Sen. Robert Casey, CEO Clifton Broumand and Sen. Cory Booker
Small business leaders joined Senate Democrats on the Hill Thursday to lend their support to a push to raise the federal minimum wage to $10.10.
Flanked by business owners who said they experienced measurable benefits to paying their employees above the minimum wage, Sens. Robert Casey of Pennsylvania, Cory Booker of New Jersey, Ed Markey of Massachusetts and Richard Blumenthal of Connecticut said the impact of such a move would go far beyond the individual worker.
“We know that 70 percent of the economy is driven by consumer spending,” Casey said. “If you put more dollars in the pockets of consumers, not only do you have that overarching economic benefit to the country, but of course small businesses especially benefit.”
But the more powerful testimony came from John Cooper, Clifton Broumand and Scott Nash, who told stories of their employees who “were more like family” and stayed with their companies for decades because they could count on a “a fair wage for a fair day’s work.”
Broumand, who owns Man & Machine Inc., which makes medical-grade waterproof keyboards and mice, said that paying his employees well meant they were more innovative and loyal.
“Inevitably as a business owner, you’re not going to get as much money initially, but I’ve found that productivity by people who have less stress, who are happier in their jobs, actually increases substantially every time they’re getting more money,” he explained. “And therefore, it doesn’t take that long for me to actually become more productive and actually make more money…”
Cooper, president of Spectronics Corporation, a Westbury, N.Y. company that builds ultraviolet lamps for forensic and fingerprint analysis, said more than 70 percent of his company’s employees had been there for more than 10 years.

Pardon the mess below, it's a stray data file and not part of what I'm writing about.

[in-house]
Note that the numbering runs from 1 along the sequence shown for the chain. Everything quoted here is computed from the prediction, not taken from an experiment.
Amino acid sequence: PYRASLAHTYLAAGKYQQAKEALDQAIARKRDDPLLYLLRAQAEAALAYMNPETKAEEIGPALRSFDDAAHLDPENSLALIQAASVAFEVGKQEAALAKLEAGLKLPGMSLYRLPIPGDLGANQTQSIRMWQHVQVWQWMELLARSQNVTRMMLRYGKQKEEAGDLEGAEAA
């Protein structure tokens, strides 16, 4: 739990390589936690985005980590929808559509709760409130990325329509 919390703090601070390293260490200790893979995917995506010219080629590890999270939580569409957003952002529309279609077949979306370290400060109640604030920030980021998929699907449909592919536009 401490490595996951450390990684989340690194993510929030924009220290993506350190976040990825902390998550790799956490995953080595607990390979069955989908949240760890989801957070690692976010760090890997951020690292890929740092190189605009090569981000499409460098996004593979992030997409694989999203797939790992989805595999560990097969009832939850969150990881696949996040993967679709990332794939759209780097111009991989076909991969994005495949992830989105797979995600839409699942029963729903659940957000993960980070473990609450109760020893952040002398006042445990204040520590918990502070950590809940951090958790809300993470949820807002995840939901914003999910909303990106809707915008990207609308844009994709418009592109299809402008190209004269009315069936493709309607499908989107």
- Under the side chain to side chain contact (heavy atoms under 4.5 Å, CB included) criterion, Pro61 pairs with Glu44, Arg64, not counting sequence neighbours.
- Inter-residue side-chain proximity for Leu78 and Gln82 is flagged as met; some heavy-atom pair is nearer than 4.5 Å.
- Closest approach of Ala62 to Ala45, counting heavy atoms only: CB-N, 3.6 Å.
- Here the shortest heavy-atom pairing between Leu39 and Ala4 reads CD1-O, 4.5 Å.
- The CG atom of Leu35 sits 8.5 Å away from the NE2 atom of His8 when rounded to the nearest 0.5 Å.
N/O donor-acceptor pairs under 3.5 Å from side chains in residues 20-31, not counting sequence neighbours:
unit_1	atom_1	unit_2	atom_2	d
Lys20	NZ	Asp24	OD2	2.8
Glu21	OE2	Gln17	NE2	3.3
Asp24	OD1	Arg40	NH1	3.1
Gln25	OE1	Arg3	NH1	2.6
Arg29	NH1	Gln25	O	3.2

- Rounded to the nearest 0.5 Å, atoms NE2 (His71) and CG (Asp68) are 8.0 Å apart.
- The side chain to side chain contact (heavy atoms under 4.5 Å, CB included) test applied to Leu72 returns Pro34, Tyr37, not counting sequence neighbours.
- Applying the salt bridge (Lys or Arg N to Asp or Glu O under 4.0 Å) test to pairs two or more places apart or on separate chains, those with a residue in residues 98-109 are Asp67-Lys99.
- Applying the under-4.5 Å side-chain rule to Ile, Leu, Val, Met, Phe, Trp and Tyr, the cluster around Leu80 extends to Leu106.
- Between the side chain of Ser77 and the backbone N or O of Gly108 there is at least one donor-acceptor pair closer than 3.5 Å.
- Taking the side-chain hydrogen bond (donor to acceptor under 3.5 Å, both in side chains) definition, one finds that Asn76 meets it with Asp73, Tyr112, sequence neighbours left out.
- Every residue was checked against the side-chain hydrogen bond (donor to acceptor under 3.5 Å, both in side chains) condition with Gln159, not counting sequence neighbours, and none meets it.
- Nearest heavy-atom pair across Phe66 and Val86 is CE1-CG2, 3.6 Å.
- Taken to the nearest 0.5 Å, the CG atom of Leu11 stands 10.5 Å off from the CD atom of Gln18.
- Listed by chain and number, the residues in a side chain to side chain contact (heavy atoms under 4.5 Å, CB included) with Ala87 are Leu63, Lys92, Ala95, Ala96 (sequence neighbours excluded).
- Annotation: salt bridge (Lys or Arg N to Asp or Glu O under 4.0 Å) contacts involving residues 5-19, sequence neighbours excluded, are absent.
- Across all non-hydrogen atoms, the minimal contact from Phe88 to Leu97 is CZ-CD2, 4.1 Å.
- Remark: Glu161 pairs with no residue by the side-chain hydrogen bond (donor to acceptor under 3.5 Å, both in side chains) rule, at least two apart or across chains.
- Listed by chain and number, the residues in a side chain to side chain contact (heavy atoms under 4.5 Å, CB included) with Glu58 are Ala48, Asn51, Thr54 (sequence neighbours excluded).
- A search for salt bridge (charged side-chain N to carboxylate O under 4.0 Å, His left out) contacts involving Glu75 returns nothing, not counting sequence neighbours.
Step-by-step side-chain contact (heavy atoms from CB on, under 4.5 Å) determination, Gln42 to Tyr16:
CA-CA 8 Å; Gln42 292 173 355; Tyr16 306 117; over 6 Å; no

“A higher minimum wage will result in increased employee retention, which means lower costs for hiring and training new workers,” he said. “It will allow workers to buy essentials they cannot afford now and most of the money they spend will go right back into local businesses.”
“Raising the minimum wage might have a short impact on our profits, the bottom line, but in the long run, it benefits our workers, and it benefits me as owner of the company as well,” he said. “So it’s a win, win.”
One of the most interesting experiments by any nation as we we headed into the global crash of the Great Recession was that portion of German industry that tried an alternative to the dole. Work hours were cut; but, workers were not cut loose from their jobs into unemployment. They may not have had a boatload of work to do; but, factories were maintained; tasking skills were continued as was training; plans were studied and trialed – and when the turnaround barely began to be felt, German industrial capacity was ready to move and grow, produce and benefit the whole country’s economy.
All at a cost less than traditional measures. All without displacing workers from their place of employment often for decades. All without hiring new workers requiring one to three years of experience to get up to the productivity levels of staff let go to the dole. A stroke of success beyond the comprehension of the American government, particularly Congress. Unfortunately.
On a smaller scale, these small business owners are talking about the same concept and practices.